This morning brought two pieces of news from the BLS. First, real earnings declined last month:
Real average weekly earnings fell by 0.8 percent from June to July after seasonal adjustment, according to preliminary data released today by the Bureau of Labor Statistics of the U.S. Department of Labor. A 0.3 percent increase in average hourly earnings was more than offset by a 0.3 percent decrease in average weekly hours and a 0.9 percent increase in the Consumer Price Index for Urban Wage Earners and Clerical Workers (CPI-W).
Second, initial claims for unemployment insurance continue to be high:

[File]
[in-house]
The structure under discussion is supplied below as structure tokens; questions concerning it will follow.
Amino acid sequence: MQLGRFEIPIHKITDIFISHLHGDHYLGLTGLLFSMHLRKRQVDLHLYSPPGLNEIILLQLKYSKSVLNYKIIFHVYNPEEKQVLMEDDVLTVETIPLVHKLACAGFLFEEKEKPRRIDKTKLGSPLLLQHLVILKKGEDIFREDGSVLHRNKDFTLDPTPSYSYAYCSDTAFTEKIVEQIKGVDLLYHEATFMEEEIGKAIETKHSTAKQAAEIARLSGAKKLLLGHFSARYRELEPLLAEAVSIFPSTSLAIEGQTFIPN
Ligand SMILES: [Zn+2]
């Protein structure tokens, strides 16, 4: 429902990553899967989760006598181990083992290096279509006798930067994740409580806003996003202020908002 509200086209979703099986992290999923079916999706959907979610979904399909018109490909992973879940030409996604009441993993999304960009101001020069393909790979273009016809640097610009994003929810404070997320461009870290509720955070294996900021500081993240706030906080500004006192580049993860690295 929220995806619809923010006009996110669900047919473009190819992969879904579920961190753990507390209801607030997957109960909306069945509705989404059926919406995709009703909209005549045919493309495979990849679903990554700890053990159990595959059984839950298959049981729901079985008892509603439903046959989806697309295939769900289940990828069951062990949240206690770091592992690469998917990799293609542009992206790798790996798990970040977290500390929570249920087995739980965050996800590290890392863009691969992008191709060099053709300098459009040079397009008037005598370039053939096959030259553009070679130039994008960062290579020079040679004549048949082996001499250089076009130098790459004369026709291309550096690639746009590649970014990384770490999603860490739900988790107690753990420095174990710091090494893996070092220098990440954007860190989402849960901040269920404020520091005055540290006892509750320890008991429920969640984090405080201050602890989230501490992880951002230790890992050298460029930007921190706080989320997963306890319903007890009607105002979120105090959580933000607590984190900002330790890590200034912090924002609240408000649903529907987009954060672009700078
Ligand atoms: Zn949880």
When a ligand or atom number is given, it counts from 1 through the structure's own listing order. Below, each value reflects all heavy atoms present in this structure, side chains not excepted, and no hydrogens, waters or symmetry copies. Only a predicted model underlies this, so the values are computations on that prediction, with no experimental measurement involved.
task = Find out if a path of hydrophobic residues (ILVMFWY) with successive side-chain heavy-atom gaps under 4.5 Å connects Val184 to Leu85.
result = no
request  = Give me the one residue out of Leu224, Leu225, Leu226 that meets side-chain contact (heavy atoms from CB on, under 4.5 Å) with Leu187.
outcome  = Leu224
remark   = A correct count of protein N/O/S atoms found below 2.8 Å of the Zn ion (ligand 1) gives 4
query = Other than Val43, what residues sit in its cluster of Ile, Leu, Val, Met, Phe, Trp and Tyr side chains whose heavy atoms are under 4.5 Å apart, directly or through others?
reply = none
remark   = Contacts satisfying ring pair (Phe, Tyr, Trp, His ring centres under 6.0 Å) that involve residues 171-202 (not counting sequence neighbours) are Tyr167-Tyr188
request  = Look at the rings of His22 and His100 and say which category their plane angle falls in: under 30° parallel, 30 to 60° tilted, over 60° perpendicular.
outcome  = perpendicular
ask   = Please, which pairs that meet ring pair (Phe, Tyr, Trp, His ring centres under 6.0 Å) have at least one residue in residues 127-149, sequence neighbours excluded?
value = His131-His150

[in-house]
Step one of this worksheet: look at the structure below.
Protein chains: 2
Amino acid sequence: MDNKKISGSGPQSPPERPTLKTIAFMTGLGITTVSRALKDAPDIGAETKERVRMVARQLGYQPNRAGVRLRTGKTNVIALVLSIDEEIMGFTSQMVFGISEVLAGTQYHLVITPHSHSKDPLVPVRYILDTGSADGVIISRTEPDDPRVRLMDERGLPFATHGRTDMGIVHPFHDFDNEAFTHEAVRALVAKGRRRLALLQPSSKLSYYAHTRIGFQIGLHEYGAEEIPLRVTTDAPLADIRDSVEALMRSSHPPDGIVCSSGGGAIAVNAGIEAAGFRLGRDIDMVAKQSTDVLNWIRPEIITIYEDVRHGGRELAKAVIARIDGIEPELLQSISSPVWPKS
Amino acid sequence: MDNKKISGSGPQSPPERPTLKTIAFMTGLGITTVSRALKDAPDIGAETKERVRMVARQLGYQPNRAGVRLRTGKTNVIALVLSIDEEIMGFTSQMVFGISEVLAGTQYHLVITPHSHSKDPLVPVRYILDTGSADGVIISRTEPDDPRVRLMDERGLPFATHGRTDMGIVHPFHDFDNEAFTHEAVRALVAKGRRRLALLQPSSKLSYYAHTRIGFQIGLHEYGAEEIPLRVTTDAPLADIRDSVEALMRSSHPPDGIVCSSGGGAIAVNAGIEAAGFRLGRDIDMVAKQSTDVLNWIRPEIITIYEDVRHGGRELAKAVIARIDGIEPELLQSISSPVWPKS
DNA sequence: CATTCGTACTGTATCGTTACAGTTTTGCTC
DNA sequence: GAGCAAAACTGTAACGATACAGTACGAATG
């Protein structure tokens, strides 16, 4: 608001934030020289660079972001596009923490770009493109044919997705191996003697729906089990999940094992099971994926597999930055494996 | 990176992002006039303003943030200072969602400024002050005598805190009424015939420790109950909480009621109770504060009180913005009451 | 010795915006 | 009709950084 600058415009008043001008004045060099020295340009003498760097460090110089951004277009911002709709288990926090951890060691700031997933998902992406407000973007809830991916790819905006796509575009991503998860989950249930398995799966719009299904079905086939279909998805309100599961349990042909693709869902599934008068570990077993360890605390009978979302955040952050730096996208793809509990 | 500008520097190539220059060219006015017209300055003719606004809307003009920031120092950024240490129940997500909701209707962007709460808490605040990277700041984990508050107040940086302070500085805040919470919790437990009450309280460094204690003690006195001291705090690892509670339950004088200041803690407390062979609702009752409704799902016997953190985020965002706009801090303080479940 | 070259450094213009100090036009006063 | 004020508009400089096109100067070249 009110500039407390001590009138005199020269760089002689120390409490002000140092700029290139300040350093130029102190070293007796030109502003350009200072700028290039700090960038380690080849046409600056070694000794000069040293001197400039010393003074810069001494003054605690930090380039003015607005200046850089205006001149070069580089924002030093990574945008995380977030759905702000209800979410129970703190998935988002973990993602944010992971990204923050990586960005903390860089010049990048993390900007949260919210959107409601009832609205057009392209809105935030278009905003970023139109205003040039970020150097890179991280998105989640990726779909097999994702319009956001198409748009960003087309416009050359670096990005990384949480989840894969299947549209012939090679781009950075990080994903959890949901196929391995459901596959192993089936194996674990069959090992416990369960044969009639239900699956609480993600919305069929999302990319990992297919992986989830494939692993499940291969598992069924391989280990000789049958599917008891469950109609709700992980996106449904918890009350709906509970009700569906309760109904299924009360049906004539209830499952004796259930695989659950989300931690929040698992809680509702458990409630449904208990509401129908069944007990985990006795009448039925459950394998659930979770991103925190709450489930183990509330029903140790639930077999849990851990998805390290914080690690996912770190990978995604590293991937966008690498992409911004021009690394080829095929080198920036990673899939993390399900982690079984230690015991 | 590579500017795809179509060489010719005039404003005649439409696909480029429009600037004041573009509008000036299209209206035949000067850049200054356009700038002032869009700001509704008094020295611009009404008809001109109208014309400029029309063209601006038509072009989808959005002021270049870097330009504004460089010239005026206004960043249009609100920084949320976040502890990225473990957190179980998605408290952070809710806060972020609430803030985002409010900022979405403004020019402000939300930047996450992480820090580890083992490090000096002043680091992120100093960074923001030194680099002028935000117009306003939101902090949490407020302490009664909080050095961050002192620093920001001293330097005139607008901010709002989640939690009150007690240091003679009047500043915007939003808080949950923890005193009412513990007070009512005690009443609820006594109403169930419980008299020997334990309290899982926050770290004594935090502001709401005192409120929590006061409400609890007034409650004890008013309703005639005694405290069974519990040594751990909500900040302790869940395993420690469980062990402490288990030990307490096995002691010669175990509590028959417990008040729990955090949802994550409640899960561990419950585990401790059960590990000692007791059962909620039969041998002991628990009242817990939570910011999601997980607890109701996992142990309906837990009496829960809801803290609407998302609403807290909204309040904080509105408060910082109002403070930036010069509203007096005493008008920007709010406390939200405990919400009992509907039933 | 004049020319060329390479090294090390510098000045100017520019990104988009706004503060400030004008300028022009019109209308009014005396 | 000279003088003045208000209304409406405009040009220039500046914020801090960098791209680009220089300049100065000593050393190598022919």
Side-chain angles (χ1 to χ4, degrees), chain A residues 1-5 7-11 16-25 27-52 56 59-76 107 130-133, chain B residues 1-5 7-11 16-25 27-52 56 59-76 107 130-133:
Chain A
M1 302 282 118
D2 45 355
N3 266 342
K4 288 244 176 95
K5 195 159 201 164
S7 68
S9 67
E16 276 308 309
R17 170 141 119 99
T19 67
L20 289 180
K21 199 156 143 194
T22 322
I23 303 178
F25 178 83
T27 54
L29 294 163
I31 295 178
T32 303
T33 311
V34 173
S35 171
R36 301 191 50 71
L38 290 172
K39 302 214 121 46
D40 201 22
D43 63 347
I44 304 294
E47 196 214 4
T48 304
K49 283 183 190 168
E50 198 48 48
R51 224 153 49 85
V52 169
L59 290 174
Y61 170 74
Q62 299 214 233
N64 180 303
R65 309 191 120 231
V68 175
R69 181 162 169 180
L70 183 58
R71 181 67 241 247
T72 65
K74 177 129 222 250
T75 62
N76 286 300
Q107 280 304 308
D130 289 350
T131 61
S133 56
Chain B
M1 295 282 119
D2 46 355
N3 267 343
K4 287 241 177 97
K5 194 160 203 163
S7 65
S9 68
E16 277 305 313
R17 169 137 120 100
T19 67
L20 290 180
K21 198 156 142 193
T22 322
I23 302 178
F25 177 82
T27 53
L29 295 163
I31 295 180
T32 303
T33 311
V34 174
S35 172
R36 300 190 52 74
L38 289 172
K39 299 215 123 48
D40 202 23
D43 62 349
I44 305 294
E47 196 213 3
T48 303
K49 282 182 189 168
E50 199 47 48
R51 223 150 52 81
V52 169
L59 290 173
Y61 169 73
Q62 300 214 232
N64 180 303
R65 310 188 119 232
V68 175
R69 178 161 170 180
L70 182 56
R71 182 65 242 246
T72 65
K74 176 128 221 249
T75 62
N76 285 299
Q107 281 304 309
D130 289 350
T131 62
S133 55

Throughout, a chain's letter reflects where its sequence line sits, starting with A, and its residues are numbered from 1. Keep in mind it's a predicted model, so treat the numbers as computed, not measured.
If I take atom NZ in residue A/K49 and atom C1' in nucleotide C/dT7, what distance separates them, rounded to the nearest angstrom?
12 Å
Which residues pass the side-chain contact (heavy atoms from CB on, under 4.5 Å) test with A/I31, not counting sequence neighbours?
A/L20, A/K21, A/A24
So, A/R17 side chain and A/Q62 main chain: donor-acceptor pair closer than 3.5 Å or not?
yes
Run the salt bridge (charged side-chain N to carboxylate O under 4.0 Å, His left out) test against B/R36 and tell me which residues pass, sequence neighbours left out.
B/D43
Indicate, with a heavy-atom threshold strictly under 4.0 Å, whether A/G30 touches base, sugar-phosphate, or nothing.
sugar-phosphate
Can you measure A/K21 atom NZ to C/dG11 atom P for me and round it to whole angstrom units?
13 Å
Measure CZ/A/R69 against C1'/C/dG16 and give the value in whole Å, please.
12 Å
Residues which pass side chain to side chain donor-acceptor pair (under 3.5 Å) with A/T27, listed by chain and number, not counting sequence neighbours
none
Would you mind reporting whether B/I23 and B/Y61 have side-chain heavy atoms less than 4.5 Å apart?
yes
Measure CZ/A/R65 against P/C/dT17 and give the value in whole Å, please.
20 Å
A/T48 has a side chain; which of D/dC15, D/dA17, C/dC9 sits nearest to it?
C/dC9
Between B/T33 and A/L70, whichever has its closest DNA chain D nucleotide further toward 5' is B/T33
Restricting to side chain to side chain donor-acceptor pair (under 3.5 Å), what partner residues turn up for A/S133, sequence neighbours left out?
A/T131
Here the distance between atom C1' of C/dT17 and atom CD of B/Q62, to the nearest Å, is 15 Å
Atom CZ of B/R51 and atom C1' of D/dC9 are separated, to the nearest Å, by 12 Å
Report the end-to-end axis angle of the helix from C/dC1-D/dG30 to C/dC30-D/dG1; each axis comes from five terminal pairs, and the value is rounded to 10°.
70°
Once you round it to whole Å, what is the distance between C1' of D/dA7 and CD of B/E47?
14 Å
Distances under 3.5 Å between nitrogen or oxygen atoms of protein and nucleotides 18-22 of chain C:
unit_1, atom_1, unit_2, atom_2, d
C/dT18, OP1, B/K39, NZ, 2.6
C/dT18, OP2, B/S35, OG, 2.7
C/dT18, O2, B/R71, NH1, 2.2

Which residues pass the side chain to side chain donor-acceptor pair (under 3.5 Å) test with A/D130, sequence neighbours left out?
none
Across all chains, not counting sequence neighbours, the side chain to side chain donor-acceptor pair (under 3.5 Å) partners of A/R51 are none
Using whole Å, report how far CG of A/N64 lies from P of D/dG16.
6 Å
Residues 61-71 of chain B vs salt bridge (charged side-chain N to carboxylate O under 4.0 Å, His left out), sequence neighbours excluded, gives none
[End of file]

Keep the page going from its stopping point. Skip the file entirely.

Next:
In the week ending Aug. 9, the advance figure for seasonally adjusted initial claims was 450,000, a decrease of 10,000 from the previous week's revised figure of 460,000. The 4-week moving average was 440,500, an increase of 19,500 from the previous week's revised average of 421,000.
Here is a graph of that 4-week moving average over the last 30 years (click on it to see a larger version):
Comparing the current episode to the last 20 years, which includes the recessions in the early 1990s and early 2000s, the level of claims was higher during those downturns than it is currently. But the level never got as high as it is now without going even higher.